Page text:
Ancillary acquisition costs
The other costs you need to consider when buying real estate
Ancillary purchase costs: Can't go without
Sure. Buying real estate as an investment is a good thing. But there are several other expenses besides the initial purchase costs known as "ancillary purchase costs." And you need to remember to include these when calculating your financing requirements. If you forget, you'll have to increase your financing later on or get the money for them some other way.
With the help of a calculator for ancillary acquisition costs, you can get a quick overview of what you'll have to pay. Once you've crunched the numbers, you can use these calculations to work out how much you can cover with your funds — and how much you'll have to borrow. Top tip: The higher your equity ratio, the better your terms will get.
By the way — If you rent out your apartment or house, you can write off some of the ancillary acquisition costs. So, it's worth taking a closer look at the purchase and ancillary costs. We explain why in our podcast "Immobilien einfach machen" (audio available only in German)
Purchase costs vs. ancillary acquisition costs
If you want to buy a property, there's no question that you'll pay the agreed purchase price. However, there is much more to the purchase cost than first meets the eye.
If you've bought a plot of land and want to build on it, you'll have to pay the purchase price and all costs related to the construction.
So, something like:
Development costs for electricity, water, internet
Fees for permits
Costs for soil testing
Fees for expert opinions
Costs for building materials
Wages for developers/builders
Costs for removing rubble
Costs for outside facilities such as garden, terrace, carport
But, if you can build part of the house yourself, you also reduce labor costs. So, that's something!
You can also add renovation, modernization, and refurbishment costs to the purchase costs. A property with a leaky roof, an outdated heating system, or a neglected home will be hard to rent out. So, it's best to add the cost of a new bathroom or fitted kitchen to the purchase price.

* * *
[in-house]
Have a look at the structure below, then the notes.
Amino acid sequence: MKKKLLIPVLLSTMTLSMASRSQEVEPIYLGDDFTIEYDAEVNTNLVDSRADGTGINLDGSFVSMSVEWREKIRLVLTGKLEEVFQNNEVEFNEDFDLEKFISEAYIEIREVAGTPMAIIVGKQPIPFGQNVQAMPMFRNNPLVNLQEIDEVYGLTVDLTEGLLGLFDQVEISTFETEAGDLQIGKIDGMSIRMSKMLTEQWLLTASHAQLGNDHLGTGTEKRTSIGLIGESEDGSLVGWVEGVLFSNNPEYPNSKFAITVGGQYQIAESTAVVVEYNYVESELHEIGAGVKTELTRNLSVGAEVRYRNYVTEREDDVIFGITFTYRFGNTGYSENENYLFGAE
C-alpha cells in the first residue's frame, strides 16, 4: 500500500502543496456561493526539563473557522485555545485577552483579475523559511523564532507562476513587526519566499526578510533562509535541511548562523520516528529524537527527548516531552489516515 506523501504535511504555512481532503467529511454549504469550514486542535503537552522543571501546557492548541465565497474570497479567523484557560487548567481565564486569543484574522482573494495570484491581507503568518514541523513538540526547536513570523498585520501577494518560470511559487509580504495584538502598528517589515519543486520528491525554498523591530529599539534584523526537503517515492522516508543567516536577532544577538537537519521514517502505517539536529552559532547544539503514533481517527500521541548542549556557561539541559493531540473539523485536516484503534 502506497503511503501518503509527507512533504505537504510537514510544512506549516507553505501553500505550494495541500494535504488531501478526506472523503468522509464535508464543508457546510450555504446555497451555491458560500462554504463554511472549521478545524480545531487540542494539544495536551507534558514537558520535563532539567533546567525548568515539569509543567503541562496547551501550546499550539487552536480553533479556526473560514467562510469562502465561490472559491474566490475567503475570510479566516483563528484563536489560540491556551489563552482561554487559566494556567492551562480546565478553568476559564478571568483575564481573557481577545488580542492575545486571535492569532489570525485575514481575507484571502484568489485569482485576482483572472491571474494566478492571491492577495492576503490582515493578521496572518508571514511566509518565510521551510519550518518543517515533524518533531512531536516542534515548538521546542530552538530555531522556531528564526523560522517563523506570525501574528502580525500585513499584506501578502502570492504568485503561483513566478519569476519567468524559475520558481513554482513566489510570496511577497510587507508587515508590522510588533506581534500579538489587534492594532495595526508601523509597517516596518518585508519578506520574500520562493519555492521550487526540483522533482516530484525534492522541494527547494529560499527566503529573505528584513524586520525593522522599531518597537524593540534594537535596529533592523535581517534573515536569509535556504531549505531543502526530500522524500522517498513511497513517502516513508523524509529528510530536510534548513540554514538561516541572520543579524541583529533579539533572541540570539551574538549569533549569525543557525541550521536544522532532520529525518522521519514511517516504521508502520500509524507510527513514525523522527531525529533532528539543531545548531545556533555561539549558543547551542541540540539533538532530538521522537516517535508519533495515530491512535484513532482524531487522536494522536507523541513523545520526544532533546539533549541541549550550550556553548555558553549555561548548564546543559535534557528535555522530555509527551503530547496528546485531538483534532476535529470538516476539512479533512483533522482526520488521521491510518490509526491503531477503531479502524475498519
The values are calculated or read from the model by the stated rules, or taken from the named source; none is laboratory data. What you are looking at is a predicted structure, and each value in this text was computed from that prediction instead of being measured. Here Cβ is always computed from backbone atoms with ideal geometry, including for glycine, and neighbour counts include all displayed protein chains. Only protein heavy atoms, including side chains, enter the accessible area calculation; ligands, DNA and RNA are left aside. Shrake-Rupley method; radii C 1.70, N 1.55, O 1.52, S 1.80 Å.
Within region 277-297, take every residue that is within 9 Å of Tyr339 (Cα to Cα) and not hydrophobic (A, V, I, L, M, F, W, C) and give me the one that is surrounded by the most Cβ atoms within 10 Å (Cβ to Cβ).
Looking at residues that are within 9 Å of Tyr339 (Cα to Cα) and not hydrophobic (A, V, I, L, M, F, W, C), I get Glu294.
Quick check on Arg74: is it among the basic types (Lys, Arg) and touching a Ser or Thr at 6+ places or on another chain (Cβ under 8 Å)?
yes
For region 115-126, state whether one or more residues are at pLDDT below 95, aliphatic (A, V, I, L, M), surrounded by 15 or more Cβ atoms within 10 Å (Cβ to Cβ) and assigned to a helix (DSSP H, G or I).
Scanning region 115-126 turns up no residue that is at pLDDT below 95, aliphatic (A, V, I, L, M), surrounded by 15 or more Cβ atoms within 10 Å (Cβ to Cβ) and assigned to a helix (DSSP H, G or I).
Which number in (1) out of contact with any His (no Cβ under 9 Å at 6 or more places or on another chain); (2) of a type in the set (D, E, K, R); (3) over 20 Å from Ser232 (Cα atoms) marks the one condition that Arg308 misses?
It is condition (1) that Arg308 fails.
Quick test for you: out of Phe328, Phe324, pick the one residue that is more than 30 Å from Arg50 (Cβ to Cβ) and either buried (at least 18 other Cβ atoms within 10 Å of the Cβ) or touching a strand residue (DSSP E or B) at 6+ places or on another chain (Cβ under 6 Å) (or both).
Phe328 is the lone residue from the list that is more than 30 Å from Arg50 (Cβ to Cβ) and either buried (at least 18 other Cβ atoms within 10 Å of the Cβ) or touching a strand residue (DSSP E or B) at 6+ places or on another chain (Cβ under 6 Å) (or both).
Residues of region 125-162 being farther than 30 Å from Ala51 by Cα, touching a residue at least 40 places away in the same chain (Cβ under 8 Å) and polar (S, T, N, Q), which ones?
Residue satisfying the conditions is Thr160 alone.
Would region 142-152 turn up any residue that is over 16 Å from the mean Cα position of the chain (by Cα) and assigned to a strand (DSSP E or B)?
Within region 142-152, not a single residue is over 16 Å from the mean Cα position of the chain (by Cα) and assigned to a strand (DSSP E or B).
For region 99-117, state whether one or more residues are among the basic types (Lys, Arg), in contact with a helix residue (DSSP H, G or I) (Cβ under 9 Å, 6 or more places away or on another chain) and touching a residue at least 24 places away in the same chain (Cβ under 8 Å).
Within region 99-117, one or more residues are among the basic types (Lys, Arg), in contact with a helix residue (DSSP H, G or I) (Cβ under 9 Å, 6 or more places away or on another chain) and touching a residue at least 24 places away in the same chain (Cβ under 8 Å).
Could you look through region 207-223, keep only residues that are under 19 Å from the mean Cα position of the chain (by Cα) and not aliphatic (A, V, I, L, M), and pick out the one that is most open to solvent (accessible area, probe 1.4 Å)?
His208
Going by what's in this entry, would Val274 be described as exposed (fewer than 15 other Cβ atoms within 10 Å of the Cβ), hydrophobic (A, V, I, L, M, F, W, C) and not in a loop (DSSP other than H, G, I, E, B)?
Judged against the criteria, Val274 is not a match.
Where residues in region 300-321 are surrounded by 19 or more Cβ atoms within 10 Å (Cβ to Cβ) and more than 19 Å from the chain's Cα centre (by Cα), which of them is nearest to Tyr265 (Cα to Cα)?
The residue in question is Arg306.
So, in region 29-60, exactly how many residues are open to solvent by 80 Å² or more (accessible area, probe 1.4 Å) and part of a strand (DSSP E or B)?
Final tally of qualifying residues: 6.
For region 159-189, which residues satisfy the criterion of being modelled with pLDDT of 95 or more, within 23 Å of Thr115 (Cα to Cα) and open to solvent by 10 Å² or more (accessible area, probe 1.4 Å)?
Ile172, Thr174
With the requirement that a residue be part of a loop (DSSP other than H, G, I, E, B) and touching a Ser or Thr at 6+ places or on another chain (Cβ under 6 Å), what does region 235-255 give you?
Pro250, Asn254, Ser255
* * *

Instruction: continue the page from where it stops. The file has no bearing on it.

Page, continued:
If you know that you'll need to spend money on renovation or modernization after you've bought the property, you should consider these costs when negotiating the purchase price of the property — and pay a lower price.
If you don't want to rent out your apartment but move in yourself, the moving costs are also part of the purchase cost.
OK, that's quite a list for simply buying the property, isn't it? Unfortunately, that's not the end of it. On top of all that, there are the ancillary acquisition costs. These are the costs incurred for everything that goes with the property purchase. And just when you thought this was boring enough, there is another distinction to consider: direct and indirect ancillary acquisition costs. But don't worry, it's less complicated than it sounds
Direct and indirect ancillary acquisition costs
Let's keep it quick and easy. When it comes to ancillary acquisition costs, there are two types of expenses to think about:
|Real estate transfer tax (3.5 % - 6.5 % of the purchase price — depending on the state you live in)||Creation of liens on real property by a notary|
|Broker's fee||Registration of the liens on the property by the land registry office|
|Land register (transfer of ownership)||Registration of the priority notice of conveyance in the land register|
|Notary fees for notarization||Commitment interest|
|Interest for the construction period|
|Interest on interim financing|
|Bank processing fees|
Unsurprisingly, the direct incidental acquisition costs are directly related to the purchase. You can write those off on your next tax return if you rent out the property. The indirect ancillary acquisition costs, on the other hand, are all related to the financing.
Purchase & ancillary acquisition costs: Check! Now what?
Once you have run all the acquisition and ancillary acquisition costs through the calculator, you can subtract the equity you want to contribute. Then you know how much money you'll have to borrow from the bank — at least for an existing property.
You can deduct the so-called muscle mortgage if you are building the property yourself. Muscle mortgage doesn't ring a bell? That's all the work you personally do on the building — and save on the related labor costs. But just remember: If you're not a pro, you can't guarantee that you'll do a good job.
Apart from your labor, you can deduct everything you want to bring in as collateral from the purchase cost. So, your savings, life and pension insurance, or other real estate, for example.
Got some more questions about this? No problem at all! Just ask our community.